This is a complex situation. The Senate Republicans just killed this trade package for the near term. They all boycotted the Senate committee, preventing a quorum to move it forward to vote. It seems, the cadre of rule or ruin is practicing the nation implosion tactics against a sure fire Obama win in 2012, where he will be less restrained with getting re elected. The earth is being scorched some more to prevent much meaningful social welfare legislation from funding or new entitlements being minted.

    See This:http://www.politico.com/news/stories

    But there is more to this story, it is a revelation of the commanding heights of capitalism, were government and business meet, to control the global system of flows of capital, and dominate the inter state system, all in the favor of the US Government and its business compadres. But, even the republicans do not care, their internal domestic power base is threatened, and their tactic of shutting government down, even if they incur the wrath of the international allies, state and markets, they do not seem to care, or fear the consequences. There are competing interests in the Americas that seek to rein in the Yankee Domination, of which the non Asian components of the trade pacts indicate. This will strengthen alternative initiatives from Brazil for terms of the commanding heights that favors them more and us less so.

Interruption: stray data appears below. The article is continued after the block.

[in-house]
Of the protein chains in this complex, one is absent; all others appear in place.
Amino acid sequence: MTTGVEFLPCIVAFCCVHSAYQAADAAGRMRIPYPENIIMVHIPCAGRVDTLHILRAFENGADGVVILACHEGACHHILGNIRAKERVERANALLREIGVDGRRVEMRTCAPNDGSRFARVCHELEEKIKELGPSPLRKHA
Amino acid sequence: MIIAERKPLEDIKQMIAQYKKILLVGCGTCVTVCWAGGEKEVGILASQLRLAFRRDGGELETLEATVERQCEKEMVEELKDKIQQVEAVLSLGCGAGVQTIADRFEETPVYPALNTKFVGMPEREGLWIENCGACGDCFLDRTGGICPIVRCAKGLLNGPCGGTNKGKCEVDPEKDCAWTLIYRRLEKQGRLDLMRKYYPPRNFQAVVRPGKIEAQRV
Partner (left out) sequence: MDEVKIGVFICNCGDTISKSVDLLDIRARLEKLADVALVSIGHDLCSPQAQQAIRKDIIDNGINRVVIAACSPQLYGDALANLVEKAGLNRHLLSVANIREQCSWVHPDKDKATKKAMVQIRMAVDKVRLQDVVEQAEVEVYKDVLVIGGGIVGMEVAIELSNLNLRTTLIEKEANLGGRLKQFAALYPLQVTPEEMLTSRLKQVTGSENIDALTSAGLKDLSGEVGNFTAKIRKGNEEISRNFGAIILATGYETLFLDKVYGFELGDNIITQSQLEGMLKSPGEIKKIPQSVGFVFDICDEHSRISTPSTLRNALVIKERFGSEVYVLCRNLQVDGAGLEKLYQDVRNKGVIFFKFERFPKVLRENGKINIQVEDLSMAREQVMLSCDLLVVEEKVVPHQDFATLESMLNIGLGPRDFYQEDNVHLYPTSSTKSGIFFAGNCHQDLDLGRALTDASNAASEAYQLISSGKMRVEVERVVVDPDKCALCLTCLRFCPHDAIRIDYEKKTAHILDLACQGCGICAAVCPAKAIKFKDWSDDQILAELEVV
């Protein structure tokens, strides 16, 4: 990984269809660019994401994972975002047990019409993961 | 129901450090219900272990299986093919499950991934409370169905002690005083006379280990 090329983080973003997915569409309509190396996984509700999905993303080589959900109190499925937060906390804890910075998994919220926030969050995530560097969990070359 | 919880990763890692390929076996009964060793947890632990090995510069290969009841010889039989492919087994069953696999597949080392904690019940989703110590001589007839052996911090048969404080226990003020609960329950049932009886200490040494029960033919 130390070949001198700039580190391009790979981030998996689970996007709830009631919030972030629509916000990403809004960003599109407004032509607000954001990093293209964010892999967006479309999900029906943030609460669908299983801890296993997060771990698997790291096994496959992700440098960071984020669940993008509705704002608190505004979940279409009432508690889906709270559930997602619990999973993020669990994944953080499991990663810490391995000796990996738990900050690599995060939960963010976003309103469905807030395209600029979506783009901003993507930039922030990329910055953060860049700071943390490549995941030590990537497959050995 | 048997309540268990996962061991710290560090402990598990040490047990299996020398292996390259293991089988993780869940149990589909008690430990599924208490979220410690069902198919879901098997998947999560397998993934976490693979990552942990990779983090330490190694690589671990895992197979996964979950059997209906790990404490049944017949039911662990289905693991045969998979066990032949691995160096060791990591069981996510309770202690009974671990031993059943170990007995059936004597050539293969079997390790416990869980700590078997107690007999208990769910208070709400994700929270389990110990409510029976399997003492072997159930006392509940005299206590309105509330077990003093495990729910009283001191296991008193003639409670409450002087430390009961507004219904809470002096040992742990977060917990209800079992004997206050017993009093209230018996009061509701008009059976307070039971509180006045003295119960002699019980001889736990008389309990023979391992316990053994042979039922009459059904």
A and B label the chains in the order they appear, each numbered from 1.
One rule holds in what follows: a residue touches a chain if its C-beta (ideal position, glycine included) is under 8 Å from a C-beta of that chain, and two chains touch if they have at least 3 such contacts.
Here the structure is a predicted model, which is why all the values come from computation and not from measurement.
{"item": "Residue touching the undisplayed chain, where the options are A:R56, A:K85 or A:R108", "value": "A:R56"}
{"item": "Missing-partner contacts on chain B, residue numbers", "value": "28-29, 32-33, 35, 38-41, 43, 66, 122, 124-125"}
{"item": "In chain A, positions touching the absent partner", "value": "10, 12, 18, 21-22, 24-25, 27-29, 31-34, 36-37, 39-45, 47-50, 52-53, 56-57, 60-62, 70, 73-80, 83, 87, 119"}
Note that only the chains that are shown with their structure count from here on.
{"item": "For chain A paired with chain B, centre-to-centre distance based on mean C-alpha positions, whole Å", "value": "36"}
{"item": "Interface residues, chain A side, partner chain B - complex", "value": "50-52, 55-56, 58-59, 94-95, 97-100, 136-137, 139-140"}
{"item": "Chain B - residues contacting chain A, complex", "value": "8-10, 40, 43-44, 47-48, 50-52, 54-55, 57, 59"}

For the rest of that story, read here:http://www2.binghamton.edu/fbc/commentaries/index.html

    1. wunsacon

      >> Obama win in 2012, where he will be less restrained with getting re elected.

      What??? That implies he was concerned that if he DID anything for his base the past 2.5 years then he wouldn’t win re-election. So, getting re-elected was more important than doing anything for the people who elected him the first time? Why would I expect him to do anything for us the second time? Fool me once…

  19. Mark P.

    Yves —

    [1] You have built yourself immense amounts of credibility on finance-related matters and so have some of the folks, like Edward Harrison, whom you feature here. Obviously, you possess deep professional expertise.

    [2] Conversely, this article commits at least one extraordinary blunder: “The US government estimates that the North Koreans are 5 years and $200 million away from having nuclear capacity.”